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Ryan Hawaii Dazed 100
Photography Hanna Moon, styling Ibrahim Kamara

Artist Ryan Hawaii opens his most ambitious show

Titled Made From Dirt, the exhibition combines the south Londoner’s bespoke garms alongside his art. Here he talks about giving new life, channelling emotions and making it up as he goes

You’d be pushed to find a young London artist embodying an authentic essence of DIY culture more than south Londoner Ryan Hawaii. Over the past few years, the artist/musician has been making a name for himself thanks to his talent for turning second-hand items into new pieces and/or works of art and selling them through Catford Factory – a moniker for his studio space and its online iteration. Whether he’s printing homemade slogans such as “DAVID CAMERON HATES THE MANDEM” on t-shirts or doing bespoke, one-off paint jobs over old leathers and denim, Hawaii is pure punk.

Alongside co-signs from Skepta (who he met at a party) and Virgil Abloh (whose Selfridges display he mounted a takeover with his own garms at), Hawaii started off the year with a place on the Dazed 100. Now he’s back with his most “ambitious show” to date, hosted at Fortysevenldn. Titled Made From Dirt and curated by Eldon Somers, Hawaii says it’s a nod to his humble beginnings.

Ongoing until Monday 5 June, as the artist recovers from a successful launch last night, we talk to him about giving new life to old objects, channelling his emotions, and making it up as he goes.

“I love when people come up with their own interpretations for my work and use their own mind to try and see where I’m coming from” – Ryan Hawaii

This is, in your words, your "most ambitious" show to date – can you expand on why that is?

Ryan Hawaii: Because it is the first time I have ventured out of my comfort zone and into different mediums such as collage, 3D relief work, and installation (co-created with Eldon Somers).

For those who can't make it, tell us about the show.

Ryan Hawaii: The entire space is made up of three rooms: the upstairs room is a mixture of collage works on recycled packaging, and clothing pieces which correspond to the collages themselves. The first of two rooms in the basement is a pop-up shop with handpainted garments exhibited on the walls. And the third room is a large installation by Eldon Somers, using my work.

What's the idea behind the title Made From Dirt?

Ryan Hawaii: It is representative of myself and many of my peers we have come from humble beginnings, therefore, we are 'made from dirt'.

Do you use second-hand materials and objects due to a desire to be sustainable and to recycle, or is it more aesthetics driven?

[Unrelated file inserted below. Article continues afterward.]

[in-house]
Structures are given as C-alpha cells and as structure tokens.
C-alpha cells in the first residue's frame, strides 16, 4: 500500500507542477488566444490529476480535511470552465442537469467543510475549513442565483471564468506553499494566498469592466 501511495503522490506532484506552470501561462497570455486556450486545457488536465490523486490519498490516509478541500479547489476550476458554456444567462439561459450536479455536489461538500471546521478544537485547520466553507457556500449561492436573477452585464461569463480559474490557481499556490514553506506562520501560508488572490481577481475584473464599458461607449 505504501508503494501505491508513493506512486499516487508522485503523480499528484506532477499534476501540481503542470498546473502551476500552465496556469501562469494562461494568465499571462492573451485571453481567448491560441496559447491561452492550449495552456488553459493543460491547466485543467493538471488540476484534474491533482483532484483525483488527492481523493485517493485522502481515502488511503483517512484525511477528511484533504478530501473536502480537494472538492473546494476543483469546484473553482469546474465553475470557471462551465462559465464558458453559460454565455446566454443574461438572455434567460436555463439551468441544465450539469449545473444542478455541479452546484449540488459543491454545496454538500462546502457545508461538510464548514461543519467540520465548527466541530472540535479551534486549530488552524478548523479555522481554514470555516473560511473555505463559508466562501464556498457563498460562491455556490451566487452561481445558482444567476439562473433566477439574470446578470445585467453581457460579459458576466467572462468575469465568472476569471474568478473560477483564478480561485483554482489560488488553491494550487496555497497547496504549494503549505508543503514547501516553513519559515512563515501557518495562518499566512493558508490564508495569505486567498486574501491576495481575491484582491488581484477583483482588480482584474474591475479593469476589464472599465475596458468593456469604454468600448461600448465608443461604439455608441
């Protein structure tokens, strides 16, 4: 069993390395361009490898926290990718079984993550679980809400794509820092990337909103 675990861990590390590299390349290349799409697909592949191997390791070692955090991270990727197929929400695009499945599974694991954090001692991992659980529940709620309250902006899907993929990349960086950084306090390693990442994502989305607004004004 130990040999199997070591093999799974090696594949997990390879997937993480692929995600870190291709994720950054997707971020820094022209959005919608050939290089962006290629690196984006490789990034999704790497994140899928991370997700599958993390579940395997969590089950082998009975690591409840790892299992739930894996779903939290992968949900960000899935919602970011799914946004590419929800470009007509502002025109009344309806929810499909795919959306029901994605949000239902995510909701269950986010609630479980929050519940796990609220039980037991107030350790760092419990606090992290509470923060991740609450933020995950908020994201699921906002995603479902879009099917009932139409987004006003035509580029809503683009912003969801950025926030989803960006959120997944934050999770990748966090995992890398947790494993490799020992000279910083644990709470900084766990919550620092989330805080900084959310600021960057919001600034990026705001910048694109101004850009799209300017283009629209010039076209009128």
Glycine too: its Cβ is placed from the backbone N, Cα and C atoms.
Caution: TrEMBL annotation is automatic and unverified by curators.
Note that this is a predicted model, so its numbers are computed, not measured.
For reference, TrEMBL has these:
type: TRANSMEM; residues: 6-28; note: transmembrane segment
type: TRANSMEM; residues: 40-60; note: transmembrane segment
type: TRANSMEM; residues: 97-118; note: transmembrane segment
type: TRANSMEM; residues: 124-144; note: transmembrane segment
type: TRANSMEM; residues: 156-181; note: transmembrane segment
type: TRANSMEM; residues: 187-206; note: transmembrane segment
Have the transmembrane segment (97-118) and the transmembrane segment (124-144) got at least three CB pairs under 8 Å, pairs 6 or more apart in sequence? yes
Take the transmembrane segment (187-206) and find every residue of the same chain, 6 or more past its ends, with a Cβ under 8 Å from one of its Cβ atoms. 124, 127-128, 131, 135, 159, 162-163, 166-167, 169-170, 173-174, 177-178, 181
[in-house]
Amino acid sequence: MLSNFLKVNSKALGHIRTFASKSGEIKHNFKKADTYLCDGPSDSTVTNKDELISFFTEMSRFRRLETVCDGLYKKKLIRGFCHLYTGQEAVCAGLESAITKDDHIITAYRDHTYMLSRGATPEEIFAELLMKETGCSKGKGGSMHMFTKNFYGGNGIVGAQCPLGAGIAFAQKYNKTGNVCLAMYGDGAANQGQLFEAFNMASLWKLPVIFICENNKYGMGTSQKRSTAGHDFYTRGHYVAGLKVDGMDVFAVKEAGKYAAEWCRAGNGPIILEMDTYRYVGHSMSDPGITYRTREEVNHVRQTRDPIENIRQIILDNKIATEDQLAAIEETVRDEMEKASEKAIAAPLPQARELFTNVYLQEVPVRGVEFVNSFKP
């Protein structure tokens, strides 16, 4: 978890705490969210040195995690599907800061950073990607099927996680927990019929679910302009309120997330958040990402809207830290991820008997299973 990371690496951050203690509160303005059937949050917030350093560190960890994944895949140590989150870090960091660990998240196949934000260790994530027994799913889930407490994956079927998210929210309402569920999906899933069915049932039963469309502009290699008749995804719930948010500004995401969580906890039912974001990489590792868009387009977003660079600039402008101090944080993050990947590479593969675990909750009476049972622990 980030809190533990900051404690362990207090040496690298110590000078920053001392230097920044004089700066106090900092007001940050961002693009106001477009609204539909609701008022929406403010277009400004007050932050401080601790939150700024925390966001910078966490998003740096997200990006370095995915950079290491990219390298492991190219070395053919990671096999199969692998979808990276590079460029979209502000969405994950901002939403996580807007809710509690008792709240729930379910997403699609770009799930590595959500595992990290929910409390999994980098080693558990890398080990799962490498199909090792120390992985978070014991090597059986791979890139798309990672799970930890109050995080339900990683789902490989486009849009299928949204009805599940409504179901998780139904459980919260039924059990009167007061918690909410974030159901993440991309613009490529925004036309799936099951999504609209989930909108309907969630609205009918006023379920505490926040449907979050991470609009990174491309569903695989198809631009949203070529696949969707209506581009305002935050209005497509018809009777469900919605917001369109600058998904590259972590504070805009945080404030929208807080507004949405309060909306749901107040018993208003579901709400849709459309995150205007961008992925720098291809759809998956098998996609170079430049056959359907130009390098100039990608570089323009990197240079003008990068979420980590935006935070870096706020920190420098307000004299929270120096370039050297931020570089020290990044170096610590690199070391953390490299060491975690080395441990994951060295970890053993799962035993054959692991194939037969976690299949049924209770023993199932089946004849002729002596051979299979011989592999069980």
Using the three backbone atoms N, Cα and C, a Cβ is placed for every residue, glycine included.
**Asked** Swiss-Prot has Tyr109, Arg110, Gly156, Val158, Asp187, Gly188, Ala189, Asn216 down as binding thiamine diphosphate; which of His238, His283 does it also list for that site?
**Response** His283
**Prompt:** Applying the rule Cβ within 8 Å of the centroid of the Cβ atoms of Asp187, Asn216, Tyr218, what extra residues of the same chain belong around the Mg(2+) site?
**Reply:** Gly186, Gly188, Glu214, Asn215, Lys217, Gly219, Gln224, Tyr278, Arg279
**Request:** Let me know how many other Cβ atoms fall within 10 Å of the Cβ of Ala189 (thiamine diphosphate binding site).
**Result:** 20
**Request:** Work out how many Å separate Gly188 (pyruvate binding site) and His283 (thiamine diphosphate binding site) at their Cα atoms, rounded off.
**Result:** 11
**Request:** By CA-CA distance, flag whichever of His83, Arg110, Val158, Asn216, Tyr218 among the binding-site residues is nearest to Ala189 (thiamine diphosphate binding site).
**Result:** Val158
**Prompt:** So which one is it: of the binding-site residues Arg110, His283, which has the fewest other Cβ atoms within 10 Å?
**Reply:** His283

Ryan Hawaii: It is a mixture of the two, I like to give these objects a new life and path. There is a certain beauty in making an army surplus overall into a piece of artwork that a millennial would like to wear. When you use second-hand or recycled objects there is a large element of mystery involved which I really enjoy.

How did you begin working with Eldon and how has working together been?

Ryan Hawaii: We met through Shem the gallery manager and it has been great, he's a very smart guy and has an exceptional eye, we worked together on the curation of the exhibition as well as the overall look of the shop and the installation.

What do you hope people see when they view your art?

Ryan Hawaii: I hope they would look for the small messages and hints relating to world events or personal thoughts/feelings, but mostly I love when people come up with their own interpretations for my work and use their own mind to try and see where I’m coming from.

Would you say there is a divide between your work as Ryan Hawaii, the artist, and your role/involvement in Neverland Clan?

Ryan Hawaii: I would say all the work musically or visually is in the same vein – the music and my peers influence the artwork and vice-versa.

When creating art is it something that's more fluid and spontaneous, or is it more of a planned out procedure?

Ryan Hawaii: I don't plan much, I usually come up with a subject which has been on my mind lately and focus that energy on whatever I'm working on.

You're very proud to hail from and live in south London – how have your surroundings influenced your work?

Ryan Hawaii: The mix of people from all different walks of life around me as a constant definitely influences my work, snippets from conversations, the colours that I see, and the beauty in the grittiness of it all goes into everything I do.

In an interview with The Basement recently you admitted to being "bare emotional", would you say this is reflected in your art?

Ryan Hawaii: I think any artist is an emotional and sensitive person, and that their work is an expression of those deepest feelings.

What's next? What's coming up this year for you?

Ryan Hawaii: More work, branching out into larger scale pieces, music and something big later this year.

Made From Dirt runs until 5 June at Fortysevenldn, 47 Denmark Hill, SE5 8RS